The end of food poisoning? New 'smart pack' that keeps fish, meat and veg fresher for longer by slowly releasing antimicrobials to kill E.coli and Salmonella is developed by scientists
- The pack was made by Harvard and Nanyang Technological University experts
- It is made mainly from a corn protein that is a by-product of ethanol production
- The team infused the material with antimicrobials that release only when needed
- In tests, the packaging kept strawberries from for 2–3 days longer than normal
- The pack is transparent and looks like plastic — but it is totally biodegradable
Smart food packaging that slowly releases antimicrobials to kill harmful bacteria like E. coli and Listeria can keep fish, meat, fruit and veg fresher for longer, scientists who developed it say.
In laboratory tests, the pack was found to be able to extend the shelf-life of fresh fruit by around two–three days as compared to regular packaging.
The waterproof pack — developed by researchers from Harvard and the Nanyang Technological University — looks exactly like transparent plastic.
However it has the benefit instead of being biodegradable, meaning that it could help cut down on landfill waste as well as food spoilage.
According to the team, the packaging industry is the largest consumer of synthetic plastics derived from fossil fuels and is responsible for the bulk of plastic waste.
The researchers told MailOnline that the cost to produce their new packaging is comparable to regular plastics — and will likely become cheaper in the future.
This, they added, is because they anticipate improvements in the technologies used to extract the necessary ingredients from biomass.
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Smart food packaging (pictured) that slowly releases antimicrobials to kill harmful bacteria like E. coli, Listeria and Salmonella can keep fish, meat, fruit and veg fresher for longer
'This invention would serve as a better option for packaging in the food industry,' said paper author and bioengineer Mary Chan-Park of the Nanyang Technological University, Singapore.
'It could serve as an environmentally friendly alternative to petroleum-based polymers used in commercial food packaging, such as plastic, which have a significant negative environmental impact.
'The smart release of antimicrobials occurs when bacteria or high humidity is present. It provides protection only when needed — thus minimising the use of chemicals and preserving the natural composition of the packaged foods.
'It has demonstrated superior antimicrobial qualities in combating a myriad of food-related bacteria and fungi that could be harmful to humans — [and] can be applied to various produces such as fish, meat, vegetables and fruits.'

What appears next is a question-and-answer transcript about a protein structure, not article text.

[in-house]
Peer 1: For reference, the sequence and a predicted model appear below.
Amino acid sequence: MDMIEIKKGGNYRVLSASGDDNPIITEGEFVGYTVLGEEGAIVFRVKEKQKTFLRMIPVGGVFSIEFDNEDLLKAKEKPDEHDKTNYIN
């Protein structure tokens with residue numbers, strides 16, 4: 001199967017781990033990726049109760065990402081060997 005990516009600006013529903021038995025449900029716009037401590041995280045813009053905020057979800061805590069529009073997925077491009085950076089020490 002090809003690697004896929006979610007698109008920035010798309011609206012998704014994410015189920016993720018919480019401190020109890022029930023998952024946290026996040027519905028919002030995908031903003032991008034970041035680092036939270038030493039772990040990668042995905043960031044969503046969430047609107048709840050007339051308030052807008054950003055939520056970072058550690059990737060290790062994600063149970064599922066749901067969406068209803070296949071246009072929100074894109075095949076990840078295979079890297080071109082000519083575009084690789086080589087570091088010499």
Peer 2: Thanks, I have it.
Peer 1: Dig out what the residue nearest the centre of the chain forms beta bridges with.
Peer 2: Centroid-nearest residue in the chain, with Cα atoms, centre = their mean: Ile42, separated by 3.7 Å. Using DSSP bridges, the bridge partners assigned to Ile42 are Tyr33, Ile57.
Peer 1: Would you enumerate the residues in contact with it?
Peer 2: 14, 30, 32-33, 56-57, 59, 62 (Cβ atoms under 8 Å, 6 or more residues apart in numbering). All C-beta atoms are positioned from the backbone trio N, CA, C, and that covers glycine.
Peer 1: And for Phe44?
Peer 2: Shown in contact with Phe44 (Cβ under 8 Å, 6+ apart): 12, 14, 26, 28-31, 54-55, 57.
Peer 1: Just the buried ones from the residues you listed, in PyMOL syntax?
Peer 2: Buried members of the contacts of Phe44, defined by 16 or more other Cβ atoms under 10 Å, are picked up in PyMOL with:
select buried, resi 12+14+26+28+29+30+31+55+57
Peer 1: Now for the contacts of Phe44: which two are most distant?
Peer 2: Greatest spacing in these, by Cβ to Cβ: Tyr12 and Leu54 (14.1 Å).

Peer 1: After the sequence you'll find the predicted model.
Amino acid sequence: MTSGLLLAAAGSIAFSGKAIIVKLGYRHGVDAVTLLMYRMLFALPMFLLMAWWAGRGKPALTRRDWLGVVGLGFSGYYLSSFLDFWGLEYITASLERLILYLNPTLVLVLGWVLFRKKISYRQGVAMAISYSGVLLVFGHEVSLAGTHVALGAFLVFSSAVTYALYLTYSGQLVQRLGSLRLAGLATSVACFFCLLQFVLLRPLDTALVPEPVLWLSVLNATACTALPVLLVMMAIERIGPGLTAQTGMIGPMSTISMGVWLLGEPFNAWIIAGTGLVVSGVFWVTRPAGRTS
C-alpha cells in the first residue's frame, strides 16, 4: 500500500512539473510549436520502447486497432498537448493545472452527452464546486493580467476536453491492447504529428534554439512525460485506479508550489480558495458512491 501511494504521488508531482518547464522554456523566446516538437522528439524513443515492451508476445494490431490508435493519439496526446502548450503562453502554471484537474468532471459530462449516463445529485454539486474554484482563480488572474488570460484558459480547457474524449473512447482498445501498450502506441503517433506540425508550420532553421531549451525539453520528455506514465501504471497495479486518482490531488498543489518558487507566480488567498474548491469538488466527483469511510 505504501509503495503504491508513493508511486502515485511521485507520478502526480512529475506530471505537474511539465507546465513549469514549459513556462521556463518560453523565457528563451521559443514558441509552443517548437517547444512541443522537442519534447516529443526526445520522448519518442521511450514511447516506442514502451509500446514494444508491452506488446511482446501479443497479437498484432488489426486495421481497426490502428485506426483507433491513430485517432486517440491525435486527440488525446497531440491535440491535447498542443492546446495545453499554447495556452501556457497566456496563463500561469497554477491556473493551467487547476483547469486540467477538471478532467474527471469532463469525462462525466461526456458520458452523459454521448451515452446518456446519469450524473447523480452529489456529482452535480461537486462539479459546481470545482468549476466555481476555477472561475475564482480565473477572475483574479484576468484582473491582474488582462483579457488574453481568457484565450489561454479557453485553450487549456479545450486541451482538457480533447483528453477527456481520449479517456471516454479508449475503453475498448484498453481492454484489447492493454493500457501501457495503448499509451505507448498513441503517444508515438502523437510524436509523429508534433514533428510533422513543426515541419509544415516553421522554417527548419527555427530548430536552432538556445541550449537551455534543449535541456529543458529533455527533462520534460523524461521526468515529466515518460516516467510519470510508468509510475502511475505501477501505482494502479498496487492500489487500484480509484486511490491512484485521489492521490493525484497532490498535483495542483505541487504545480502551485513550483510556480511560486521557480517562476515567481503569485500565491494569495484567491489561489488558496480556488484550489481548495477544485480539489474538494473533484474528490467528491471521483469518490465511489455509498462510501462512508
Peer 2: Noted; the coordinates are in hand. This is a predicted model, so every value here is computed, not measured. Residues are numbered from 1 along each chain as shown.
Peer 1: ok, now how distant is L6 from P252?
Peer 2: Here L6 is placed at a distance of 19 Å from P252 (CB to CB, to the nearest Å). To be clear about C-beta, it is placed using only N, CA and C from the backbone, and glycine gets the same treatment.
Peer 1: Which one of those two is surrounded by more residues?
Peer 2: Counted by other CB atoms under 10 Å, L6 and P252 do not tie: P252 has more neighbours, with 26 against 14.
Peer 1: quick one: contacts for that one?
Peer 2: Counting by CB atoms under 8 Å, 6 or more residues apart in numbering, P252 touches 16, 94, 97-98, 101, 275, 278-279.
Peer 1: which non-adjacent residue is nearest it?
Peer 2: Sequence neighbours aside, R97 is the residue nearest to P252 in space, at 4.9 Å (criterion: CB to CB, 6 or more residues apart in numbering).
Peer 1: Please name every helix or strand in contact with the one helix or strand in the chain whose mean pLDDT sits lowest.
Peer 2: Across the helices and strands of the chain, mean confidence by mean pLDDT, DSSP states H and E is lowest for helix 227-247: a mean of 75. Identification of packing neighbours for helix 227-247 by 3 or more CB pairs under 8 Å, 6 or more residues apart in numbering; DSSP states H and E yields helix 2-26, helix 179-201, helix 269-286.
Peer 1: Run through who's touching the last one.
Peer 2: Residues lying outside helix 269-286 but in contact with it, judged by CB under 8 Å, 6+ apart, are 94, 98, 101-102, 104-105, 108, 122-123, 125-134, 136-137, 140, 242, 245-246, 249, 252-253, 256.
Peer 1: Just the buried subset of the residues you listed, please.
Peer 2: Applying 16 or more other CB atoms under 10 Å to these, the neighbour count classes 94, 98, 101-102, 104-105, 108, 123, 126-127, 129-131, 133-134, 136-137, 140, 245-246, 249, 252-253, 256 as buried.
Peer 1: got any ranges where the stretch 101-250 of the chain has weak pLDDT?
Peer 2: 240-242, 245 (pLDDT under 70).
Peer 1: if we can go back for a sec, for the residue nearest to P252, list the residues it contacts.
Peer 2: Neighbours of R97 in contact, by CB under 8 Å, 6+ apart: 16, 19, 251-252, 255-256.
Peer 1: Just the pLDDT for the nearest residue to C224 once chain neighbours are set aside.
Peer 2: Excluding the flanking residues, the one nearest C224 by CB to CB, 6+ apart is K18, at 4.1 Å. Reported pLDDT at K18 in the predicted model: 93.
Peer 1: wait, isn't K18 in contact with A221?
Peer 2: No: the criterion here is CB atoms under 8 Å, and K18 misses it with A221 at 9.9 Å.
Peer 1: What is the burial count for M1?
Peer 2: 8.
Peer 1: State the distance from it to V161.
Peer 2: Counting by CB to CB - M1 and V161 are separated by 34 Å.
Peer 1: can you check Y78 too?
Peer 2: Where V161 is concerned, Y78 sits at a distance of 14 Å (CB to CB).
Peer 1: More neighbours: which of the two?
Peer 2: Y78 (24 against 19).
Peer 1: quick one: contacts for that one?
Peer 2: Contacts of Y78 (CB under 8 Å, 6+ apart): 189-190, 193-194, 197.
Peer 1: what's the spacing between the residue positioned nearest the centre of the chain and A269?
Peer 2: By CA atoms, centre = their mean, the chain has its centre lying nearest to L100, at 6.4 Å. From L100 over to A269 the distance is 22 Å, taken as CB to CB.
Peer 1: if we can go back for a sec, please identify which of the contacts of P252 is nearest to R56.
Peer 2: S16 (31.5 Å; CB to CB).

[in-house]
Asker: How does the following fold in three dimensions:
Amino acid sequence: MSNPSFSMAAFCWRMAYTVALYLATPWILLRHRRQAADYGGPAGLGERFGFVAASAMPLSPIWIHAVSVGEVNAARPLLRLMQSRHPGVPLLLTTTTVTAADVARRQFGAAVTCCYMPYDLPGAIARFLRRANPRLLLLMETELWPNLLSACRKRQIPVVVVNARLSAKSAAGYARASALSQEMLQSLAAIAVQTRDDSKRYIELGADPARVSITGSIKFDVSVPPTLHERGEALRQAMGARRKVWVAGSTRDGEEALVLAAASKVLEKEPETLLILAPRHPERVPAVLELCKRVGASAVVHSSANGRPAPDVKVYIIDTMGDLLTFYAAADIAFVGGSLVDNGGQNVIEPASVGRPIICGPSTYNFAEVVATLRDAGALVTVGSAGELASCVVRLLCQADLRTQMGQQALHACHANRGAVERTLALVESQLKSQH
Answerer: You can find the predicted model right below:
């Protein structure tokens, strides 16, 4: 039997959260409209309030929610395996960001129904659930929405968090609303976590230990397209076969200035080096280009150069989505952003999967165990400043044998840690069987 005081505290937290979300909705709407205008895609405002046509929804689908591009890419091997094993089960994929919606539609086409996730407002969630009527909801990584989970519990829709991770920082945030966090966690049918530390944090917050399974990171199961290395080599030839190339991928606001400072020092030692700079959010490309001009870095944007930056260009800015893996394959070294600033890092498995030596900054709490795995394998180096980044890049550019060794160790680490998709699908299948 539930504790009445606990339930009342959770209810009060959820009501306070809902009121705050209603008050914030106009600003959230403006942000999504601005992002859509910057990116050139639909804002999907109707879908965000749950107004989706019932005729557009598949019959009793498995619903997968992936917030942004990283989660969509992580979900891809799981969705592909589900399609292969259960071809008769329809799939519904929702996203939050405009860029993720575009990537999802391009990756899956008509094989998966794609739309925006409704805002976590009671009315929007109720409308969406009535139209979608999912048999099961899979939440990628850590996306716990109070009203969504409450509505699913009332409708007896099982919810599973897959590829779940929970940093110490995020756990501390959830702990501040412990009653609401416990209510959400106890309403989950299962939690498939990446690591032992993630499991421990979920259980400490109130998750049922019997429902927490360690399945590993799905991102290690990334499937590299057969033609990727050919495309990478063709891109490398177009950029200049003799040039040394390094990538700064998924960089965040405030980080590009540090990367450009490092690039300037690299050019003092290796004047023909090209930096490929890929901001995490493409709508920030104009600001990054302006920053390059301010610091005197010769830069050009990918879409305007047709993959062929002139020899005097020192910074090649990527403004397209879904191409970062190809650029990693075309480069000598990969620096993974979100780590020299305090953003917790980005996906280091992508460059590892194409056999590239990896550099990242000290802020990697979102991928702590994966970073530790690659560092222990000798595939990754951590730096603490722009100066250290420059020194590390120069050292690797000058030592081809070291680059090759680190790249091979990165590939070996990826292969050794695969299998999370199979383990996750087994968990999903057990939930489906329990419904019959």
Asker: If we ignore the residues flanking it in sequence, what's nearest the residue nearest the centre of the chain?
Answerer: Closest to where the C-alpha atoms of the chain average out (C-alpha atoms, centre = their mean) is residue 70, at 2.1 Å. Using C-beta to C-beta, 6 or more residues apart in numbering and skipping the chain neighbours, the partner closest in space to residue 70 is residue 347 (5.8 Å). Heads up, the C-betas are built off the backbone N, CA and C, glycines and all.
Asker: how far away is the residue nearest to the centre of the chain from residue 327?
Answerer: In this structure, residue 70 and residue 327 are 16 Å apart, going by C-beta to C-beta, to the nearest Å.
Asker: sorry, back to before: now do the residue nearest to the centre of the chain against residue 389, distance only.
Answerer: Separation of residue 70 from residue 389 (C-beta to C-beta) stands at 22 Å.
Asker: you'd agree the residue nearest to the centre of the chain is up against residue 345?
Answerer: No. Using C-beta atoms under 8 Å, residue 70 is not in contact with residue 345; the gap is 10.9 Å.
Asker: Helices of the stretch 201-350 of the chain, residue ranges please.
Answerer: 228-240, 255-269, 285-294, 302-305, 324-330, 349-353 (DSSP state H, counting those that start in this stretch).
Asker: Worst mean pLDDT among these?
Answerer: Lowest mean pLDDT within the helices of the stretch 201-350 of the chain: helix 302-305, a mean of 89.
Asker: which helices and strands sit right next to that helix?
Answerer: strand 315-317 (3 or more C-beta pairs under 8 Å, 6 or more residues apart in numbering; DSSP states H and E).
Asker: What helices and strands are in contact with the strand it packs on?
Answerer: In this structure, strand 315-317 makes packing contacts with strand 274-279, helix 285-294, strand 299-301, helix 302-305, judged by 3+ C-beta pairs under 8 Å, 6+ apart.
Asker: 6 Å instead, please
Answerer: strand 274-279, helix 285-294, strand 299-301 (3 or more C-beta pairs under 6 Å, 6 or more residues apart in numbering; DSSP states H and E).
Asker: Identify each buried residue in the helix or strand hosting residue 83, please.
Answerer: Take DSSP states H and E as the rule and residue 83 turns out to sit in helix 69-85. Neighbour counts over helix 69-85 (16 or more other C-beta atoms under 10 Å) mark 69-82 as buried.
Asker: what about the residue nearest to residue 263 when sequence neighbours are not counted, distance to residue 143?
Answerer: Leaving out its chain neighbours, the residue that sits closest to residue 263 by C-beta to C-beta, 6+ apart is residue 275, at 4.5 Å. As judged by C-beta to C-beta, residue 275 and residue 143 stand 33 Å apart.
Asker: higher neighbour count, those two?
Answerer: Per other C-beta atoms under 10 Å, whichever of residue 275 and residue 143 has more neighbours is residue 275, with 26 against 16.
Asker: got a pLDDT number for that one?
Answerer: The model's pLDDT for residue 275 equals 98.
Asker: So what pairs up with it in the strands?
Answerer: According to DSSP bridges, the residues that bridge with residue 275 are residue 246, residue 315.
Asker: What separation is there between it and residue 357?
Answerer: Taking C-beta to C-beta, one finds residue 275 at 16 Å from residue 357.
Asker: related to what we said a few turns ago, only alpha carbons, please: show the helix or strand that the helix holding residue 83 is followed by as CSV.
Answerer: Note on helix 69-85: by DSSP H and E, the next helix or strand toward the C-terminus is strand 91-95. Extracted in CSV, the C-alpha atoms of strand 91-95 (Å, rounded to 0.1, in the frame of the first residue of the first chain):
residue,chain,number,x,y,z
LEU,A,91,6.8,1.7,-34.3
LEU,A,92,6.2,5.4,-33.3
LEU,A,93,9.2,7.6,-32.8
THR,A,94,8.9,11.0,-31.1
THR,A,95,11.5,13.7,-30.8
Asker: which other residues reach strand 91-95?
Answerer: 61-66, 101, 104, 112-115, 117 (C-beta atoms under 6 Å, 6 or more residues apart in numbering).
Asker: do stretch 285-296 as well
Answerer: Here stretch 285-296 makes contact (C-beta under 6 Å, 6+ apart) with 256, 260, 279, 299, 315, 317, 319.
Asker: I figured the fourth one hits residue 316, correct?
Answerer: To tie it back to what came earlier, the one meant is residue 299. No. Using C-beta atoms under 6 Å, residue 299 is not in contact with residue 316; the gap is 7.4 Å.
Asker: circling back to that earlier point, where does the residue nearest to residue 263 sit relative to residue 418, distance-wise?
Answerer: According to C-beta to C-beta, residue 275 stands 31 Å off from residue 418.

In particular, she explained, 'vegetables are a source of wastage because even if they are refrigerated, they continue to respire, leading to spoilage after a week or two.
'With the anti-microbial packaging, there is a chance to extend their shelf life — and also make the vegetables and fruits stay looking fresh with time.'
The smart packaging material is made via a process called electrospinning, in which charged threads of polymer solution are drawn out into fibres.
The main ingredient for the material is a type of corn protein called 'zein' — which is a waste by-product in the production of ethanol from corn starch or oils — to which the researchers added the plant starch cellulose and acetic acid.
The team infused these with a cocktail of natural antimicrobial compounds derived from plants, including thyme oil and citric acid, which is found in fruits like grapefruit, lemons, limes and oranges.
In laboratory tests, the team were able to show that the antimicrobials are released in miniscule amounts from the fibres in the packaging material when exposed to either a rise in humidity or certain enzymes released by harmful bacteria.
By only releasing the compounds in response to potential spoilage, the packaging can endure several exposures, the team said, and remain viable for months.
In tests, the packaging was capable of killing various common bacteria including E. coli and Listeria, as well as fungi, on both the surface of the packaging and the food contained within it.
And strawberries wrapped in the smart pack remained fresh for seven days before developing mould — as compared to just four days for those fruit kept in conventional plastic fruit boxes.